By Primus Mootry
For The Herald Bulletin
Some years ago, I was invited by a friend to meet with a group of Chicago conservatives (Republicans) who were interested in having me, as an African American, become one of their lead spokespersons. They argued (and rightfully so) that Chicago’s solidly Democratic black population was being short-changed by Democratic political leaders. They also argued that conservative values were fundamentally consistent with social and religious values in the black community.
Their promise to me, should I take the “assignment,” was a healthy expense account, a leased car of my choice, first-class travel and hotel accommodations, and other perks. I thanked them for their generous offer and told them that, as an independent, although I agreed with many of their arguments, the answer was “no.” Then and now, I value my political independence. A tie to any particular party would be contrary to that value. (As an aside, I am not now, nor have I ever been, for sale).
In the current long Season of Politics in America, I have often thought about that meeting. In particular, I have thought about the meaning of political terms such as Republican, Democrat, liberal, conservative, left wing, right wing, progressive, libertarian, independent, Dixiecrat, tea party, and so forth. In my gut, my sense is that such terms, though common, generally are not well understood.
For example, an African American might have conservative values in many areas, but what does it really mean to be “a conservative?” I found a wonderful explanation by a college student newspaper called the Student Review. The Review defines a conservative as someone who “believes in personal responsibility, individual liberty, limited federal government, traditional American values, and a strong military.”
The problem, though, is that for more than two centuries none of that would make much sense to millions because so-called “traditional American values” meant, by law and custom, the exclusion of blacks, women, and Native Americans. In this context, notions of personal responsibility and individual liberty are, by necessity, subverted. Yet, this important fact remains largely unexamined by conservative leaders and, furthermore, cannot be understood looking through a traditional conservative lens.
Another source, Russell Kirk’s “Ten Conservative Principles,” outlines a number of “conservative”ideas. Much of what is said by Kirk could be embraced by anyone who believes in order, moral standards, and thoughtful change. Kirk’s references to Milton’s “Paradise Lost,” however, carried enough negative innuendo to make me ill. Still, I wonder, how many conservatives (or liberals, for that matter), have studied Milton?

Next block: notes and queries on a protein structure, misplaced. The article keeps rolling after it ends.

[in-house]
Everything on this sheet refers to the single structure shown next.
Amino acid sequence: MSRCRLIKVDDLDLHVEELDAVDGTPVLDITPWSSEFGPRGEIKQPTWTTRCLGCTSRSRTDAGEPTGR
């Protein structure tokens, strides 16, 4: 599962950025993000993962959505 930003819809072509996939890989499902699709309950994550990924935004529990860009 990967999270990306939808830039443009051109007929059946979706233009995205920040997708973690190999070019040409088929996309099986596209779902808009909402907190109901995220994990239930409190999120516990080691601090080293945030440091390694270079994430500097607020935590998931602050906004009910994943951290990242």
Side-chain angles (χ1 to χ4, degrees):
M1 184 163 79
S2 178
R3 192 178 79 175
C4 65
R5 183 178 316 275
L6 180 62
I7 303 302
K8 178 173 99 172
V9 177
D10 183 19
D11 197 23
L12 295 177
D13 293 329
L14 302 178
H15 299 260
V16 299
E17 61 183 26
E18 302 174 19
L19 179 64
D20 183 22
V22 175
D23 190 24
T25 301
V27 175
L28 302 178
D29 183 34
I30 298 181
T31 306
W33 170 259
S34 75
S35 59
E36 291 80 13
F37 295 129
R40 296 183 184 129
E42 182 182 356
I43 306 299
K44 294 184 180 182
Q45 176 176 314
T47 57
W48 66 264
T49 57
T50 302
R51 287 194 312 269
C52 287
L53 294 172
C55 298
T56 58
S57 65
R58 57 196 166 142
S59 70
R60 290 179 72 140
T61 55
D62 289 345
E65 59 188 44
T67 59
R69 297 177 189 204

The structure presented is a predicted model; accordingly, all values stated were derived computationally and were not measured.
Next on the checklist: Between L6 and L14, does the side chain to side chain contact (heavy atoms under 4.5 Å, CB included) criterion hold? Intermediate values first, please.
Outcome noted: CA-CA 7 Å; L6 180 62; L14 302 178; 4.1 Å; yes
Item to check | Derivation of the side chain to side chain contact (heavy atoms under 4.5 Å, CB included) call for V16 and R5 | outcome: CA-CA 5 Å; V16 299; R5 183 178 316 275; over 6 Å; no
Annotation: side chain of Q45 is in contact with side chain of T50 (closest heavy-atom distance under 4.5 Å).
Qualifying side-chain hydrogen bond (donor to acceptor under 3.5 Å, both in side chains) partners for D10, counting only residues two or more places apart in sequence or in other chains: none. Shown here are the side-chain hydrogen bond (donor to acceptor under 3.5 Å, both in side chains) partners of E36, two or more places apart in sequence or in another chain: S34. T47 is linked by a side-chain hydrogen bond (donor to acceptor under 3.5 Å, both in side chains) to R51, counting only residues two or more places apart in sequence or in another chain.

We have spent many decades labeling “who is smart,” cataloging and boxing them, then putting them on a shelf to show we know who they are. But read them, study them? No. For example, if you ask someone to name a genius they will probably mention Albert Einstein.
Then, ask that same person to elaborate (not just e=mc squared) on his work or his impact on American and world culture and you get a blank stare. Now, a person need not be able explain Einstein’s theory of relativity to reasonably discuss how this mathematical calculation so profoundly affects what we now accept as traditional values.
Another example. Just recently, after reviewing Martin Luther King Jr.’s “Letter from a Birmingham Jail,” it became apparent how much more it contains than most assume. This letter is as famous as his”I Have A Dream” speech. Most people will feel that they’ve read it and readily agree that it is great. It was and is. But don’t put it on the shelf.
King’s letter is persuasive enough to convince many conservatives to reassess their positions without forsaking their conservative principles. It should be required reading for every conservative, or person who thinks he or she is a conservative, in America. Why? Because the letter discusses important views on America’s traditions from a non-traditional point of view.
As conservatives struggle to re-define their brand following the 2012 elections, would it be too much to ask them to read something other than some think tank “white paper?” How can Republicans and conservatives expect to present themselves as genuinely inclusive and still allow the Sarah Palins, Ann Coulters, Glen Becks, Rush Limbaughs, and their media and political ilk to carry the banner of American conservatism?
In my opinion, conservative philosophy, rooted in knowledge and a genuine desire for inclusiveness, is a crucial thread in the tapestry of democracy. Accordingly, with this thought in mind, conservative ideas just might find more African Americans and Hispanics willing to take a look.
Have a nice day.
Anderson resident Primus Mootry is a retired school teacher. His column appears Wednesdays in The Herald Bulletin.